M27 - Planetary Nebula in Vulpecula
Copyright 2010 Hap Griffin
M27 is one of a class of objects known as "planetary" nebulae, which derives its name from the fact that early astronomers saw these objects through crude telescopes and thought they resembled planets because of their apparent round shape. It was later realized that these objects are not part of our solar system at all, but are the remnants of stars which have exploded, blowing their outer layers into space. Based on studies of the rate of expansion of M27, the time since its explosion is estimated at 3000 to 4000 years. What is left of the original star can be seen in the middle of the nebula, which is now classified as a bluish hot sub-dwarf dwarf star with a surface temperature of 85,000 degrees Kelvin. The highly energetic radiation emitted by the central star excites the gases in the blown off material to glow on their own.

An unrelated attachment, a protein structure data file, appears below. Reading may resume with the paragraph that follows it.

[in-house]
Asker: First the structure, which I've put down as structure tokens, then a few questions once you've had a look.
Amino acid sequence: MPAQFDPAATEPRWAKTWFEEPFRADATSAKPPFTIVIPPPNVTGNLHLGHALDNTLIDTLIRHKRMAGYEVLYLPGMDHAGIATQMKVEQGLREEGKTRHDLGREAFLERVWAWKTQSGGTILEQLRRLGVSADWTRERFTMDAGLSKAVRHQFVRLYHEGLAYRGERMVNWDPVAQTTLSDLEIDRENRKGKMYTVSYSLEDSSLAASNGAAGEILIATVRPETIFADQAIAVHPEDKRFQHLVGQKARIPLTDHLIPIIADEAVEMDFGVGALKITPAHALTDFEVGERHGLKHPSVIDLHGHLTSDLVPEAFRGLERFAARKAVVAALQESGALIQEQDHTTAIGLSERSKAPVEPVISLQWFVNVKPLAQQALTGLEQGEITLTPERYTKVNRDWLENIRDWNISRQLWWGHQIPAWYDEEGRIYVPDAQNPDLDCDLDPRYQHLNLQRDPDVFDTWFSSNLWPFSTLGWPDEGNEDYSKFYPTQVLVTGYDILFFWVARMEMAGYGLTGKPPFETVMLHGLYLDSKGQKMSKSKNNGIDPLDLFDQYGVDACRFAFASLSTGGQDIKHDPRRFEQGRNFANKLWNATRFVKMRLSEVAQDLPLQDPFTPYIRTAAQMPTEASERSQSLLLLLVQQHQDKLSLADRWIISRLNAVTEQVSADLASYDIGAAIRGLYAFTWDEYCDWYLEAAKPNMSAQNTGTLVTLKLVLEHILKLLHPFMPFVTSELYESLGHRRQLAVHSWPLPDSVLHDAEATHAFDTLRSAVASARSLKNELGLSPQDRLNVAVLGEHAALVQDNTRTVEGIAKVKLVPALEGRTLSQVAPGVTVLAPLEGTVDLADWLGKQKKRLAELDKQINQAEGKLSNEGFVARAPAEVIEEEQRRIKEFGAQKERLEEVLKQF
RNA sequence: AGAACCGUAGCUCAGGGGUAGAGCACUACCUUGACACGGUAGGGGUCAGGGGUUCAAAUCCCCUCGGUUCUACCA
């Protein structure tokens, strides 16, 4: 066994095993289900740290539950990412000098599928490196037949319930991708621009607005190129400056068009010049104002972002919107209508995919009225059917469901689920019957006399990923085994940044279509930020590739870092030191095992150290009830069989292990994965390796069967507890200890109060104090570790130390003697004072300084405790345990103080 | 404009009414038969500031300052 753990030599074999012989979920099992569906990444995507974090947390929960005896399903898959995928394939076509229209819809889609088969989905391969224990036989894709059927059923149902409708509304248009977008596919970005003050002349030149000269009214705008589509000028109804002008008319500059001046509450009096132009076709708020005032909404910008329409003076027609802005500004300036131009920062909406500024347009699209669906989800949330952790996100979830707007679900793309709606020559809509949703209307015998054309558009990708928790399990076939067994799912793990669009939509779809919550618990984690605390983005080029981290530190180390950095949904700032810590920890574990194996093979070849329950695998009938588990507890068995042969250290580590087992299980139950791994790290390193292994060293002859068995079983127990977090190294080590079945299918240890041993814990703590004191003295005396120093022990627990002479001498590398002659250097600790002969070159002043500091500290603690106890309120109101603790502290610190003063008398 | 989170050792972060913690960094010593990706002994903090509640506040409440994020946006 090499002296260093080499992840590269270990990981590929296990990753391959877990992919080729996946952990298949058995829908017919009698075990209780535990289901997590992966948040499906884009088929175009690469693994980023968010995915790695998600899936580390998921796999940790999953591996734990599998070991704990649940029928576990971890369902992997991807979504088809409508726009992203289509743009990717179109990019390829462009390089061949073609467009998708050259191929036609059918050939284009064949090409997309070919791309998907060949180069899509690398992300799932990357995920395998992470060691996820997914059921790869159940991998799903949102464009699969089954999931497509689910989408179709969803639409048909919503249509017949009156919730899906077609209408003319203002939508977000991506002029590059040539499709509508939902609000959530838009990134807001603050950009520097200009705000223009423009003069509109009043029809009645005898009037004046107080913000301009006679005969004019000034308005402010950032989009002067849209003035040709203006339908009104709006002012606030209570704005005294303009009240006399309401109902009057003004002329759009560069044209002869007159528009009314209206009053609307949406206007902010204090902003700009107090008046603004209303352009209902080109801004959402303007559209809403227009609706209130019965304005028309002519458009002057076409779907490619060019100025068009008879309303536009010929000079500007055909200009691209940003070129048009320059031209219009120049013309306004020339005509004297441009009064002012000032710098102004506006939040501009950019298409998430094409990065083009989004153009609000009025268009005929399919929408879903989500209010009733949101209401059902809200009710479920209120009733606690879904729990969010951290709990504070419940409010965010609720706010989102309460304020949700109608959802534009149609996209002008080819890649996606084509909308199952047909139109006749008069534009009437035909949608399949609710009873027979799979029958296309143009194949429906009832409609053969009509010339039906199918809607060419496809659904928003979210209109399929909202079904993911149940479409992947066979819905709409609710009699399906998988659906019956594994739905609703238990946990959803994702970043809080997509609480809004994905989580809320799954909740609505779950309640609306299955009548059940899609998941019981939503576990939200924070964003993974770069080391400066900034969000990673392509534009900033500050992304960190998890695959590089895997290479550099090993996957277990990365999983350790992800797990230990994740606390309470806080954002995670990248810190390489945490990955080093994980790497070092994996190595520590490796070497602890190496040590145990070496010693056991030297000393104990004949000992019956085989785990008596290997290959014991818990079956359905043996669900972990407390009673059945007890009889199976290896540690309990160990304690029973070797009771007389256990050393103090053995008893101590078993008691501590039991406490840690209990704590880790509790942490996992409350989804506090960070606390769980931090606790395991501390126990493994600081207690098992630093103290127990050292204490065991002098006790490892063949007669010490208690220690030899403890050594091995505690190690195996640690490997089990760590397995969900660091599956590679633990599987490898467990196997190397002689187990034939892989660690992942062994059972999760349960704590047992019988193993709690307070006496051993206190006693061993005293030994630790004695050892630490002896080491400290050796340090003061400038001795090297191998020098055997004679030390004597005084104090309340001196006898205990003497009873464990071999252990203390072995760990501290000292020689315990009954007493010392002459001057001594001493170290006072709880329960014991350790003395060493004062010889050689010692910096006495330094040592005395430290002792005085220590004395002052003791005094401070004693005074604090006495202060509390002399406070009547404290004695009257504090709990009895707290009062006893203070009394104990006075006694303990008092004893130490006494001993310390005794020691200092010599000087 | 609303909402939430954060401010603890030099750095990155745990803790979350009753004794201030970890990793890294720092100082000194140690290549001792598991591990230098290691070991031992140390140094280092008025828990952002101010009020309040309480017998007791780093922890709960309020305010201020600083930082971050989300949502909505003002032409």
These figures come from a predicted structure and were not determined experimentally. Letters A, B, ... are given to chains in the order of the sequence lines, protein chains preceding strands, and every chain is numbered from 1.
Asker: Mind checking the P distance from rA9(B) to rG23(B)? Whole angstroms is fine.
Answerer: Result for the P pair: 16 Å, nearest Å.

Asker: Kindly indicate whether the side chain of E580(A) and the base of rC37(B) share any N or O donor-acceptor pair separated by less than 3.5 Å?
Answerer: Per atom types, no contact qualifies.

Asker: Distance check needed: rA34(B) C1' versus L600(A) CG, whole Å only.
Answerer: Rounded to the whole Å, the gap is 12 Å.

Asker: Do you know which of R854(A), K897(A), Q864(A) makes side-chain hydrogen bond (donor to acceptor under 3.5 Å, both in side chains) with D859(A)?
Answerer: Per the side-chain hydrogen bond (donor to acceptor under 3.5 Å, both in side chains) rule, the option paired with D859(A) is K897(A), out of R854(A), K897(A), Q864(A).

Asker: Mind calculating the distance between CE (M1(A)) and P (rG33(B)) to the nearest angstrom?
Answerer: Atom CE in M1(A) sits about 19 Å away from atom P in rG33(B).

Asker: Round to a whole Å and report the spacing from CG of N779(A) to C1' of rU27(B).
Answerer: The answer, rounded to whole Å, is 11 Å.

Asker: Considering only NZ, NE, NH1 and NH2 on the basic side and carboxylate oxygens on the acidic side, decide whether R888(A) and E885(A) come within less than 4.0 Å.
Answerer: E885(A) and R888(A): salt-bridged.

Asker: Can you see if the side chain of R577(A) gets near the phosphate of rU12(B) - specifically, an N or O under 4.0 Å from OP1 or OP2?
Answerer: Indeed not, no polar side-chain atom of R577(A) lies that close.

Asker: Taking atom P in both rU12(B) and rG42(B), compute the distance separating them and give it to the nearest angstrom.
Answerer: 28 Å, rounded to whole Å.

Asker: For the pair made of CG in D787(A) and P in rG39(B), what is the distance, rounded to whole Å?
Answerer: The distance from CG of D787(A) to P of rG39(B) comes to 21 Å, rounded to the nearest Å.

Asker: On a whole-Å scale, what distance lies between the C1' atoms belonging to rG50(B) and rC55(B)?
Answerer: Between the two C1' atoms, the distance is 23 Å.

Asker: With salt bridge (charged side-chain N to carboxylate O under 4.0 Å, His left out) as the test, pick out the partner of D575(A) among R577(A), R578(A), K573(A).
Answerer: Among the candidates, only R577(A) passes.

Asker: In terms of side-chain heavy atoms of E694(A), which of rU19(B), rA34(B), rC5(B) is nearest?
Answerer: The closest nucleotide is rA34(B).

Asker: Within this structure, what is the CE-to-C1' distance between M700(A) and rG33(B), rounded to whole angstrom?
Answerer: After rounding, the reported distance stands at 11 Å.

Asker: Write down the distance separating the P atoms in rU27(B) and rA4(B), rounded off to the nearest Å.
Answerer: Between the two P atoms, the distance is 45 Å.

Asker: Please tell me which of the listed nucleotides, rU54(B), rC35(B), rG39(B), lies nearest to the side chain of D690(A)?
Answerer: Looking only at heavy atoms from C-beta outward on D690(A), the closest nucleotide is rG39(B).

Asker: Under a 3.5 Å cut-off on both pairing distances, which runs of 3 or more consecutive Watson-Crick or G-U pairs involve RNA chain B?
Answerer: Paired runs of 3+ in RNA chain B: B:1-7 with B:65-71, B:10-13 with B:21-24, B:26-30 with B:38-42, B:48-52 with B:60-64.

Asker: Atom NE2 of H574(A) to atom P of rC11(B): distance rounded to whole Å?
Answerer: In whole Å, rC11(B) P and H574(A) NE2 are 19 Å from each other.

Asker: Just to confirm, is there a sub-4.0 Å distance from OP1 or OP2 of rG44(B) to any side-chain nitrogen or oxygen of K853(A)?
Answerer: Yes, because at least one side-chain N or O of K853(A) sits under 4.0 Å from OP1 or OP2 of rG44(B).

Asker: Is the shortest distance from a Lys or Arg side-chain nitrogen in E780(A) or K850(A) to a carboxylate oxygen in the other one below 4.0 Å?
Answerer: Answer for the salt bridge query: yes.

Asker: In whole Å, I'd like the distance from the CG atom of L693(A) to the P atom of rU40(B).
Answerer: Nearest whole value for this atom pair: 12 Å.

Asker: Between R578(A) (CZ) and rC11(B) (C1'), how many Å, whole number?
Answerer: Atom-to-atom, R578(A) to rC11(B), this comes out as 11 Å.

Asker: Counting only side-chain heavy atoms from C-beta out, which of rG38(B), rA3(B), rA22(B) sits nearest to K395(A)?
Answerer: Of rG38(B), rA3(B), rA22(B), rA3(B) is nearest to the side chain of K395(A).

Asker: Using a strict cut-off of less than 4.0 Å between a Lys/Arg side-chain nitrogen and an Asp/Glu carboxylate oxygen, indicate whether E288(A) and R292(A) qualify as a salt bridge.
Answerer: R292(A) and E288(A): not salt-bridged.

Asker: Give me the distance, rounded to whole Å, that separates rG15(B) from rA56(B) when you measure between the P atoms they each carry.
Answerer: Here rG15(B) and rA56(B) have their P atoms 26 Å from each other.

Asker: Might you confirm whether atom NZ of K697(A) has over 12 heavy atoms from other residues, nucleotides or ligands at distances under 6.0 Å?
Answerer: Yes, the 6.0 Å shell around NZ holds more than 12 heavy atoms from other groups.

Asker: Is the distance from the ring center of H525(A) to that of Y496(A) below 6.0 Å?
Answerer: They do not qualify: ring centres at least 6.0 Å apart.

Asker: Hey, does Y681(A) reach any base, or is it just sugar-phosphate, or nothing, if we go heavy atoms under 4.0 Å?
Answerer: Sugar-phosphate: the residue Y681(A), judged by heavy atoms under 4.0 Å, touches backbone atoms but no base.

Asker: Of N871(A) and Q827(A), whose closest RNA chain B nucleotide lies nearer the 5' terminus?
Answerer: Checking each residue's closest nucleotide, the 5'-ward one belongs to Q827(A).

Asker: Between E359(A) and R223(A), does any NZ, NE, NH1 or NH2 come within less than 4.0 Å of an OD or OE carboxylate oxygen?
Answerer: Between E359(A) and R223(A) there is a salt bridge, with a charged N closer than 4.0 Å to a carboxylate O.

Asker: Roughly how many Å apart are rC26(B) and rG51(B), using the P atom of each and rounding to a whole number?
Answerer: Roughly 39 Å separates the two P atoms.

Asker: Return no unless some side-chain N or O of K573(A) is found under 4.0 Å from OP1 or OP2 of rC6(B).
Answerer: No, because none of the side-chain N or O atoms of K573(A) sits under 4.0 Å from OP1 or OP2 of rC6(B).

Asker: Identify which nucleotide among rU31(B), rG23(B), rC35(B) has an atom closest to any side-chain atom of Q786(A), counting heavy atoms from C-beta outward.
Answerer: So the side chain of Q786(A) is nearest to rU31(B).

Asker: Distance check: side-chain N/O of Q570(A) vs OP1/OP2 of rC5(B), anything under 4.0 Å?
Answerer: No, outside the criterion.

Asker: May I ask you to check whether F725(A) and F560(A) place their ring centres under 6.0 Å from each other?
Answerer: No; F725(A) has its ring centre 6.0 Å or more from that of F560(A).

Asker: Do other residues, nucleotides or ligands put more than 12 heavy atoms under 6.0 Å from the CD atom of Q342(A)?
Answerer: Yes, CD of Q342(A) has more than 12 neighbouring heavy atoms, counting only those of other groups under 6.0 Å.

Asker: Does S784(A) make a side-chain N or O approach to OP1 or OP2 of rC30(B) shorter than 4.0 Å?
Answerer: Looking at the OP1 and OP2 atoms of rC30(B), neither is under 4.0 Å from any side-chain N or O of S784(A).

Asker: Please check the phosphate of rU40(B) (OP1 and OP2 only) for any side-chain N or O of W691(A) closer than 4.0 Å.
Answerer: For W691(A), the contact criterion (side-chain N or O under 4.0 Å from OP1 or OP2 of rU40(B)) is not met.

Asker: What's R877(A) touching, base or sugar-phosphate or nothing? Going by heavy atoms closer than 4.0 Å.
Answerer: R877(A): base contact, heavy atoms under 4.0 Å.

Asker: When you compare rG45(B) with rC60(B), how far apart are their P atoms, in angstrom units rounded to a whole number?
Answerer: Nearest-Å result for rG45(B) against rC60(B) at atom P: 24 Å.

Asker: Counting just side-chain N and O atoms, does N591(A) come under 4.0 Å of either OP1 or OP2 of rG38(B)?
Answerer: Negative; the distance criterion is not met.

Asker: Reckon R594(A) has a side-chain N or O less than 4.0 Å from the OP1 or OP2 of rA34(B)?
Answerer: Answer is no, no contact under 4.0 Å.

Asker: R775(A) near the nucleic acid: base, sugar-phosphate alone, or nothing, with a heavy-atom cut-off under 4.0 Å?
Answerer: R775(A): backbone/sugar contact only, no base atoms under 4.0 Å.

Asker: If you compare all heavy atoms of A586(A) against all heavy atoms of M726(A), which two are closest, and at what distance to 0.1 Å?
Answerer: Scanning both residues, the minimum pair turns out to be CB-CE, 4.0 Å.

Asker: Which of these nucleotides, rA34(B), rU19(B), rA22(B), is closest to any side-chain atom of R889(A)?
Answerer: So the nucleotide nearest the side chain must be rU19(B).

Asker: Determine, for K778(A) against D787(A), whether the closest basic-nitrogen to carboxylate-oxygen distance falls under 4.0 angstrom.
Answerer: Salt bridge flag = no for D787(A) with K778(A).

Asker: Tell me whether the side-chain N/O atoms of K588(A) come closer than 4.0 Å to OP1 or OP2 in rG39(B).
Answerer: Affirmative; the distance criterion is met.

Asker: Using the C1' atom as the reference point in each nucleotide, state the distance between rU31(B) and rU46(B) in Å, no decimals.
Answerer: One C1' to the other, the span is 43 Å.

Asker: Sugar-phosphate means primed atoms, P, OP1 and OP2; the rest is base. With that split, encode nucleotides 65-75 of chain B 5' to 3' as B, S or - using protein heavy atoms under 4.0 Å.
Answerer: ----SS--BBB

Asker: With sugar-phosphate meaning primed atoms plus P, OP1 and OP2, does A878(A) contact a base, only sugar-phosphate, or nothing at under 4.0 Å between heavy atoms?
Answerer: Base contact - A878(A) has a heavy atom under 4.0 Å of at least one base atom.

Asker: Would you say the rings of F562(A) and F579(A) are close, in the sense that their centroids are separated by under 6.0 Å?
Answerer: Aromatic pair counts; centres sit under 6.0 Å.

M27 lies at a distance of approximately 1200 light-years.
June 11, 2010 Griffin/Hunter
Observatory Bethune, SC
Camera: QSI 583wsg
Filters: Astrodon E Series Generation 2 LRGB
CCD Temperature: -10 C
Instrument: Planewave CDK 12.5"
Focal Ratio: f/8
Guiding: Auto via the QSI camera's built in Off-Axis Guider mirror and an SBIG ST-402 Guider
Conditions: Clear for a SC summer night
Weather: 70 F, still
Exposure: 310 minutes total (16 x 10 min Luminance, 5 x 10 min each in RGB)
Capture: CCDAutopilot 4 w/ Maxim DL Camera Control, focused automatically w/ FocusMax
Processing: Frame calibrations, alignment and stacking with ImagesPlus v3.80. Finishing in Photoshop CS4.